Reduced US debt changes scene

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A bank staff member counts RMB and US dollar notes in Nantong, Jiangsu Province. [Photo/Sipa]

More dollar liquidity to maintain financial stability and diversify foreign exchange reserves

Reducing China’s U.S. debt can help the country get more dollar liquidity to maintain financial stability and reduce its dependence on dollar reserves, economists and experts said Wednesday.

Noting that China is the second-largest foreign holder of US Treasuries, they said the drop in foreign holdings of US Treasuries reflected declining investor confidence in dollar-denominated assets due to the drastic monetary tightening. and high inflation in the United States.

Their comments followed US Treasury Department data that showed China’s holdings of US Treasury securities had fallen for six consecutive months to $980.8 billion at the end of May, from $1.0034 trillion in April and dropping below $1 trillion for the first time in 12 years.

The decline in China’s holdings is part of the global trend of shrinking holdings of US debt. Total foreign holdings of US Treasury securities stood at $7.4216 trillion at the end of May, down from $7.4553 trillion in April and marking the lowest level since May 2021.

Japan, the largest holder of US debt, held $1.2128 trillion in US Treasuries at the end of May, the third straight month of declines and down from $1.2185 trillion in April.

Experts said foreign investors had reduced their holdings of the US Treasury mainly to avoid losses caused by potential declines in bond prices due to continued interest rate hikes by the US Federal Reserve to control inflation at its peak. highest level for 40 years.

Zhang Liqing, director of the Center for International Financial Studies, part of the Central University of Finance and Economics, said yields on US Treasuries rise when the Fed raises interest rates. As bond prices move in the opposite direction of yields, this process would also mean bond prices fall, inflicting losses on investors who sell the bonds before maturity.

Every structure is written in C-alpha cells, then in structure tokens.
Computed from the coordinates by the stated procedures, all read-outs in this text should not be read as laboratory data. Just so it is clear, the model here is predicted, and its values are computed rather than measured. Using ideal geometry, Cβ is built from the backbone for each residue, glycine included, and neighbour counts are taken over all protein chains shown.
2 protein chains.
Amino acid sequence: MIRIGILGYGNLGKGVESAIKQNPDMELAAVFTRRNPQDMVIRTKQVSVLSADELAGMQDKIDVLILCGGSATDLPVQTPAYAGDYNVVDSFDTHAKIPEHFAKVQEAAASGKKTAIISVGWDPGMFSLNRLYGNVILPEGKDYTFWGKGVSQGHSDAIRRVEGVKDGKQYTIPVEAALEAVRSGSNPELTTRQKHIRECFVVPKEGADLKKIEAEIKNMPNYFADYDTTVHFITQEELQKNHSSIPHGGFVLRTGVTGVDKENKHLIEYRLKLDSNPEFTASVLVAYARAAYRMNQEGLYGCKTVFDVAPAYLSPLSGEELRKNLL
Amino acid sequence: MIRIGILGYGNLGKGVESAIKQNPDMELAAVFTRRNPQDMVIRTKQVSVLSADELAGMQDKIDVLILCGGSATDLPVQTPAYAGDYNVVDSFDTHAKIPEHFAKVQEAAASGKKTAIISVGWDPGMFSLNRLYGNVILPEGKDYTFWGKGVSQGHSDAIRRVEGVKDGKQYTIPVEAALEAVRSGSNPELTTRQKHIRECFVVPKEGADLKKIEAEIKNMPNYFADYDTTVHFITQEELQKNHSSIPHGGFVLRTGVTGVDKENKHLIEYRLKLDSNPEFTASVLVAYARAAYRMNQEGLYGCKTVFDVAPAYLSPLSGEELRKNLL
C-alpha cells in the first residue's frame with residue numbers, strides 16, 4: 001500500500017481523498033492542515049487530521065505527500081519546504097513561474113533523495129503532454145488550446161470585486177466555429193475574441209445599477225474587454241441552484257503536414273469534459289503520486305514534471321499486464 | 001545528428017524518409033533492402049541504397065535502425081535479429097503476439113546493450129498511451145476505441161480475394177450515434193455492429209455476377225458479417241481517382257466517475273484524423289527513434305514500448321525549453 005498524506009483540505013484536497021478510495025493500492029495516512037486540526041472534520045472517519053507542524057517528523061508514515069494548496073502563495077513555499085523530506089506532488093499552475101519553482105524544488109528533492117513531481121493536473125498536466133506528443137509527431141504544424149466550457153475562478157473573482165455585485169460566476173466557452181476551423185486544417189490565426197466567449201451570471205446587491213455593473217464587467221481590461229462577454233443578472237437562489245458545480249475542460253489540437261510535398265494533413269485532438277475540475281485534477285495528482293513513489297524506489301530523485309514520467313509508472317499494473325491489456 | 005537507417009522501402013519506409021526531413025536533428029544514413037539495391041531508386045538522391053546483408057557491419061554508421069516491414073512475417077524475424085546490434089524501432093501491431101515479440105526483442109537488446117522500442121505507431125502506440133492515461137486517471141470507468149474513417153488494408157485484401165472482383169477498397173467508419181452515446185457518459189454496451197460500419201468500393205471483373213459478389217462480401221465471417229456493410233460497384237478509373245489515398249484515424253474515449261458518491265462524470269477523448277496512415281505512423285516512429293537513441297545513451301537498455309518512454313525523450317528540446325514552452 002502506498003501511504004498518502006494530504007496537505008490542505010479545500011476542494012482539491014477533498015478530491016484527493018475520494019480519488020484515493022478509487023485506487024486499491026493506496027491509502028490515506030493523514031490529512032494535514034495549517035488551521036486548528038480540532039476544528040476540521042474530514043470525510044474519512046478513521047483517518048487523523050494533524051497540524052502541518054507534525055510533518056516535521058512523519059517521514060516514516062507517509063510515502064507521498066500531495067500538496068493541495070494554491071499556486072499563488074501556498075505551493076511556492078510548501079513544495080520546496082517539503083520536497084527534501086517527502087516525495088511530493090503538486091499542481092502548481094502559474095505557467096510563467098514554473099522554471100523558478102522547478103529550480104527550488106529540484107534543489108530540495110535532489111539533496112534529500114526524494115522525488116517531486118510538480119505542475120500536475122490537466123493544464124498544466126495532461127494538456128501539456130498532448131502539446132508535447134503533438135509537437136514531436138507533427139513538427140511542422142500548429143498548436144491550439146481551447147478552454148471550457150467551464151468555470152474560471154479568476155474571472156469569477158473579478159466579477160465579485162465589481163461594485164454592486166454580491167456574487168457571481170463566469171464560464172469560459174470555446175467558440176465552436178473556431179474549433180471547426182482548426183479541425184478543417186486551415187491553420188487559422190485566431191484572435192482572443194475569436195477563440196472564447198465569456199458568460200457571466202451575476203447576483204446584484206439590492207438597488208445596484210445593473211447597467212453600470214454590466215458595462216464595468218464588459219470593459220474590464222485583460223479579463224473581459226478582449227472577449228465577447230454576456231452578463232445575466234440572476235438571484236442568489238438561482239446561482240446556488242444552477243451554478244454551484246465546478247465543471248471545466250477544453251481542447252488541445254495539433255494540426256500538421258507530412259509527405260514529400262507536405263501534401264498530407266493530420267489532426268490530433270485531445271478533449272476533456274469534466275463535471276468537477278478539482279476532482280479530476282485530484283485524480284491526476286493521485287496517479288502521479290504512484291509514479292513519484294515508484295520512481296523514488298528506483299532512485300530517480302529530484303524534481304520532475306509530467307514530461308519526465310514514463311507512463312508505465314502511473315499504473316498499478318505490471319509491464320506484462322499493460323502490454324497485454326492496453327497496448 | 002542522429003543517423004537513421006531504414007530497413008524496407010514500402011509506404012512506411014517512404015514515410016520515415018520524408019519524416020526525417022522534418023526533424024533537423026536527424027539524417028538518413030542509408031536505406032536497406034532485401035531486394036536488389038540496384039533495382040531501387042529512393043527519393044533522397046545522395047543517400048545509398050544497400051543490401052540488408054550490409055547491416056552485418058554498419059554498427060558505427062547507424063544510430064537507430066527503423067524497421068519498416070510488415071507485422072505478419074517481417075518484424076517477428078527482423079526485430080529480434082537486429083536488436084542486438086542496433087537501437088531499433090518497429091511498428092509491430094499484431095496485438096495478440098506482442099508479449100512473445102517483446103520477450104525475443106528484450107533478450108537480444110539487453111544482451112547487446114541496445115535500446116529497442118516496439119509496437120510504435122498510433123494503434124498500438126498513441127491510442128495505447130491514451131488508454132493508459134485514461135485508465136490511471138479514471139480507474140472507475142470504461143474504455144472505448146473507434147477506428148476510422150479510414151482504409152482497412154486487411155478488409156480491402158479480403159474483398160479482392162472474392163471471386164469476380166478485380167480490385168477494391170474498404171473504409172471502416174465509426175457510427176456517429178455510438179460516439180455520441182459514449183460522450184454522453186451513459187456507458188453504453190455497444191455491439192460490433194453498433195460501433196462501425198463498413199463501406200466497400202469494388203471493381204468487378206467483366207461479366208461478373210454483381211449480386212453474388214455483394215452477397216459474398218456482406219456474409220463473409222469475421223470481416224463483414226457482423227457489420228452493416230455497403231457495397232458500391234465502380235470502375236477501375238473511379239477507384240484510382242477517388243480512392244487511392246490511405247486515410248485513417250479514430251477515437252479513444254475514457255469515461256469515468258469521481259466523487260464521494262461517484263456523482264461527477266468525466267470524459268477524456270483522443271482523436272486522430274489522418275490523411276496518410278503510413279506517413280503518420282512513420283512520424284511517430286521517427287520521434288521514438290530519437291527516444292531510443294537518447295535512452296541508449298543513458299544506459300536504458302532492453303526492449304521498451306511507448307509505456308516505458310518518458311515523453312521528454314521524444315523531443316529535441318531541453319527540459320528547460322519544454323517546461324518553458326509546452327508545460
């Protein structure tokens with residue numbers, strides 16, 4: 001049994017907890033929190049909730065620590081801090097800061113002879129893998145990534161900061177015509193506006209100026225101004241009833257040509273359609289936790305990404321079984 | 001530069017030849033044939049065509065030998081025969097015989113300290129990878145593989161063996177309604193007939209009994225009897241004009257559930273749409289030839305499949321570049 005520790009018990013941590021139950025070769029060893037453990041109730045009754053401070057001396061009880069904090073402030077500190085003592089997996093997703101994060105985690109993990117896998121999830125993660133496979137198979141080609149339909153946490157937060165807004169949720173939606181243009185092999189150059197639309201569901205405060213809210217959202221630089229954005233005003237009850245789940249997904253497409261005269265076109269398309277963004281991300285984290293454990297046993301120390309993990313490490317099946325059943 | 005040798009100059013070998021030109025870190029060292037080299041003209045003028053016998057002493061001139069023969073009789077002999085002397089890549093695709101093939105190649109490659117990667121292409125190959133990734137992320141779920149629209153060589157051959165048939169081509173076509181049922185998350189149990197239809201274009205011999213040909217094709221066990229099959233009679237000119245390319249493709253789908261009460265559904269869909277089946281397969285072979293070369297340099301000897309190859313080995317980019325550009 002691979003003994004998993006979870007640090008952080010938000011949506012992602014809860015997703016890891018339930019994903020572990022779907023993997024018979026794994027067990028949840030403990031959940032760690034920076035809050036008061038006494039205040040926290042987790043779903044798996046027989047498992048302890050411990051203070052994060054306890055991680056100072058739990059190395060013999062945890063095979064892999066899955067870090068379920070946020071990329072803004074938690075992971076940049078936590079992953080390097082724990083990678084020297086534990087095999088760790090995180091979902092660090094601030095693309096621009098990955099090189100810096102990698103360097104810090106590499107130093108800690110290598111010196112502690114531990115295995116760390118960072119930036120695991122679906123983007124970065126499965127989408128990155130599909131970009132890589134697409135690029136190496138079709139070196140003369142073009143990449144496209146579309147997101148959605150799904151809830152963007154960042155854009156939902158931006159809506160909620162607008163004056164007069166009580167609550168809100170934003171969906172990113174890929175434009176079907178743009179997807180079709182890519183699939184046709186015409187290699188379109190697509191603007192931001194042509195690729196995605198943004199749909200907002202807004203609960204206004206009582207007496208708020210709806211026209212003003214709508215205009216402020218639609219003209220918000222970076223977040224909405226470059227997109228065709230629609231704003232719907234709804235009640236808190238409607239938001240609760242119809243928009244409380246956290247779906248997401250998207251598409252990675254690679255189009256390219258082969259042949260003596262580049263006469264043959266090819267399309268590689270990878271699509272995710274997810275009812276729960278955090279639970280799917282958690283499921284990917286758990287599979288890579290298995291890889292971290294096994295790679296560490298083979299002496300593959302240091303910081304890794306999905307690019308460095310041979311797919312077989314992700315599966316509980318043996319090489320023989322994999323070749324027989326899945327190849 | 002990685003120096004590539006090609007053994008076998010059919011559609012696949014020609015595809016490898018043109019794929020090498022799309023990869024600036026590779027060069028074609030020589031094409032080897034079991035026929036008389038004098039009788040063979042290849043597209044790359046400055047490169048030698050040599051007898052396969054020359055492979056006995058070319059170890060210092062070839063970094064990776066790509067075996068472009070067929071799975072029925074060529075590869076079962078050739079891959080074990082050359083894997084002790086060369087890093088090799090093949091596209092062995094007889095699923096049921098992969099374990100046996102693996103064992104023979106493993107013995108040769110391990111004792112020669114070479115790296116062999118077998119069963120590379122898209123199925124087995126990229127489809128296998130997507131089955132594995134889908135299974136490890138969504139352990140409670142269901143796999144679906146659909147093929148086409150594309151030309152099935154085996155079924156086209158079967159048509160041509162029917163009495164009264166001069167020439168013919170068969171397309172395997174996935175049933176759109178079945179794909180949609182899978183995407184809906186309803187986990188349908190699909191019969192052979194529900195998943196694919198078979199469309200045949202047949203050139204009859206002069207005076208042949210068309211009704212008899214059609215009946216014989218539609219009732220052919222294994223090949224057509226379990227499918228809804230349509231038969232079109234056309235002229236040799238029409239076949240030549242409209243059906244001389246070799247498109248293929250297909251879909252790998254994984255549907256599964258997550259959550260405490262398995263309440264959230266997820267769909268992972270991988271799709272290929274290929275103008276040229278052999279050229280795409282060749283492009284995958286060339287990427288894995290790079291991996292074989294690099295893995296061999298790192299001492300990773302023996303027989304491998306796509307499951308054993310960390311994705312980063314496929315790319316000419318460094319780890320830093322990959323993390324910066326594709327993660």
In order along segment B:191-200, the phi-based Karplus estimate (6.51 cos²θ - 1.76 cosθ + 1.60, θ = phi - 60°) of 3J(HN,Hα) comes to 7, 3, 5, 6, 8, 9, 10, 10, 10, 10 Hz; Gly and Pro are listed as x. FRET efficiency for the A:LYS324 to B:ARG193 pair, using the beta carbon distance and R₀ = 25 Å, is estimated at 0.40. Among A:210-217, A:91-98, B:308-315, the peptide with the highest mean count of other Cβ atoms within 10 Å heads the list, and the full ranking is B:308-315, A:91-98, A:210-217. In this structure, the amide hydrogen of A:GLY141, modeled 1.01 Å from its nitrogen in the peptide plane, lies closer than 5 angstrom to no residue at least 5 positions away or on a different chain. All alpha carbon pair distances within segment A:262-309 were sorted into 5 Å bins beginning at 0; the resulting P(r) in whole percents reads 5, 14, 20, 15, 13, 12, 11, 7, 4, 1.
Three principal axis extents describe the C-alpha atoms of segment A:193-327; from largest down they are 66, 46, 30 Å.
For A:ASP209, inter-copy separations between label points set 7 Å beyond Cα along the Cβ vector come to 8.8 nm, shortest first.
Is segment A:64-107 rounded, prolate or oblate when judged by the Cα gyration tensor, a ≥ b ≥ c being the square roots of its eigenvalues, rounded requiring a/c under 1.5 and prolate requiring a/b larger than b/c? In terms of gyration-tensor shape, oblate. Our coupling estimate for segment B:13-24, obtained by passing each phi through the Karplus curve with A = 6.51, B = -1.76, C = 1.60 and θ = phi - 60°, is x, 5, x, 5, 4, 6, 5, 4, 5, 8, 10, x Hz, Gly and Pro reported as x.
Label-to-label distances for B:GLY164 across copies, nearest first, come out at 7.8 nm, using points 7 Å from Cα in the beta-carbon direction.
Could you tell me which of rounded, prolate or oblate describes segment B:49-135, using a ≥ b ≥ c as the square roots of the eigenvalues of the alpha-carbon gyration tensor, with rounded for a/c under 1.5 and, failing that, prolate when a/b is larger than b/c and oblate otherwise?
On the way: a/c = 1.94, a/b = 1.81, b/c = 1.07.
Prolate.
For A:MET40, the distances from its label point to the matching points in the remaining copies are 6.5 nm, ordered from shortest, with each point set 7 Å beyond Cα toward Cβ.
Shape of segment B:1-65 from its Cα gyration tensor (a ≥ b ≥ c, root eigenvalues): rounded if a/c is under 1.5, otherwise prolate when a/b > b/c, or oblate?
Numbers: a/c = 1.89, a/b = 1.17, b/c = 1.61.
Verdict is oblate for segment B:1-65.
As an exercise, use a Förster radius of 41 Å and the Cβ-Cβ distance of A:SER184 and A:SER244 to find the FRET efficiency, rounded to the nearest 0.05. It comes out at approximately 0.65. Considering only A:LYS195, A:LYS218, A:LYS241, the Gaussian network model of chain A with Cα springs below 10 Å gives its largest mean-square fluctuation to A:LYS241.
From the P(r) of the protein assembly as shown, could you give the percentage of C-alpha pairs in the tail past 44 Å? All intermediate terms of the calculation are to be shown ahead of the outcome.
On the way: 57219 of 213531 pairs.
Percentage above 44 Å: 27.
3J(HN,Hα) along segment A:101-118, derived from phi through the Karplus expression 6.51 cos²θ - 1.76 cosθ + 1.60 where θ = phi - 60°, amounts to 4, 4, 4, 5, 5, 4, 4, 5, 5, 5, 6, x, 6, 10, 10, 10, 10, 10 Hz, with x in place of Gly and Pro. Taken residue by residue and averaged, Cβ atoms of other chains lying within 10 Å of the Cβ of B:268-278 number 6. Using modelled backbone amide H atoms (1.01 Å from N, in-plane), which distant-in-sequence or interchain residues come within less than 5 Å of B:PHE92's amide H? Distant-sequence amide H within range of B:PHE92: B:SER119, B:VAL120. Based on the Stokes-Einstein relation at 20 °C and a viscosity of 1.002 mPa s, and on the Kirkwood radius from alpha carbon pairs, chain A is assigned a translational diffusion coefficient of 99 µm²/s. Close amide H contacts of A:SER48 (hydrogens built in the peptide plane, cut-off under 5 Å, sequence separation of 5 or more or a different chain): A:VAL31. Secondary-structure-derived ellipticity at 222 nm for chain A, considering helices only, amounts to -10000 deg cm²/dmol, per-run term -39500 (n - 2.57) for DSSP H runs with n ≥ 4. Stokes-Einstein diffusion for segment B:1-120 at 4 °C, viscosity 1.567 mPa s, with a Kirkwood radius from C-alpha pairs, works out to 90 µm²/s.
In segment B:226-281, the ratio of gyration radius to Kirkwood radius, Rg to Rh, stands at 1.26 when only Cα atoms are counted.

With the Fed raising interest rates by 150 basis points this year to a range between 1.5% and 1.75%, the yield on 10-year US Treasuries rose to around 3.01% on Tuesday. , significantly higher than the 1.52% seen at the end of last year, said market tracker Wind Info.

Experts said they expected another 75 basis point rise next week as the US consumer price index, a leading gauge of inflation, rose 9.1% in year-on-year in June, the largest increase since 1981.

Andrew McCaffery, global chief investment officer of Fidelity International, said the fall in holdings of US Treasuries by foreign central banks reflects concerns about real yields, which subtract the level of inflation, provided by Treasuries. American.

“Real (US Treasury) yields have been very negative, which has been offset by a strong dollar. But there are concerns that this may not be sustainable,” McCaffery said.

Shao Yu, chief economist at Orient Securities, said the fall in foreign holdings of US Treasuries underscored growing investor concerns about US debt risks and the credibility of the US government.

In addition to reducing potential market losses, China’s U.S. debt reduction can help it improve dollar liquidity, maintain foreign exchange market stability, and ease the country’s reliance on dollar-denominated assets for foreign exchange reserves, Zhang said.

While the drastic tightening in the United States raised concerns among investors, China adhered to a stable monetary policy.

Addressing the Special Virtual Dialogue with Global Business Leaders hosted by the World Economic Forum on Tuesday, Premier Li Keqiang said China will maintain its reasonable and appropriate macroeconomic policy.

The country will not deploy very large stimulus measures and excessively increase the money supply to achieve too high a growth target, Li said.

With current monetary policy remaining cautious, China’s latest benchmark interest rates released on Wednesday remained unchanged.

The one-year prime lending rate, a market-based benchmark lending rate, came in at 3.7%, unchanged from the previous month. The five-plus-year LPR, on which lenders base their mortgage rates, was also unchanged from the previous reading of 4.45%.

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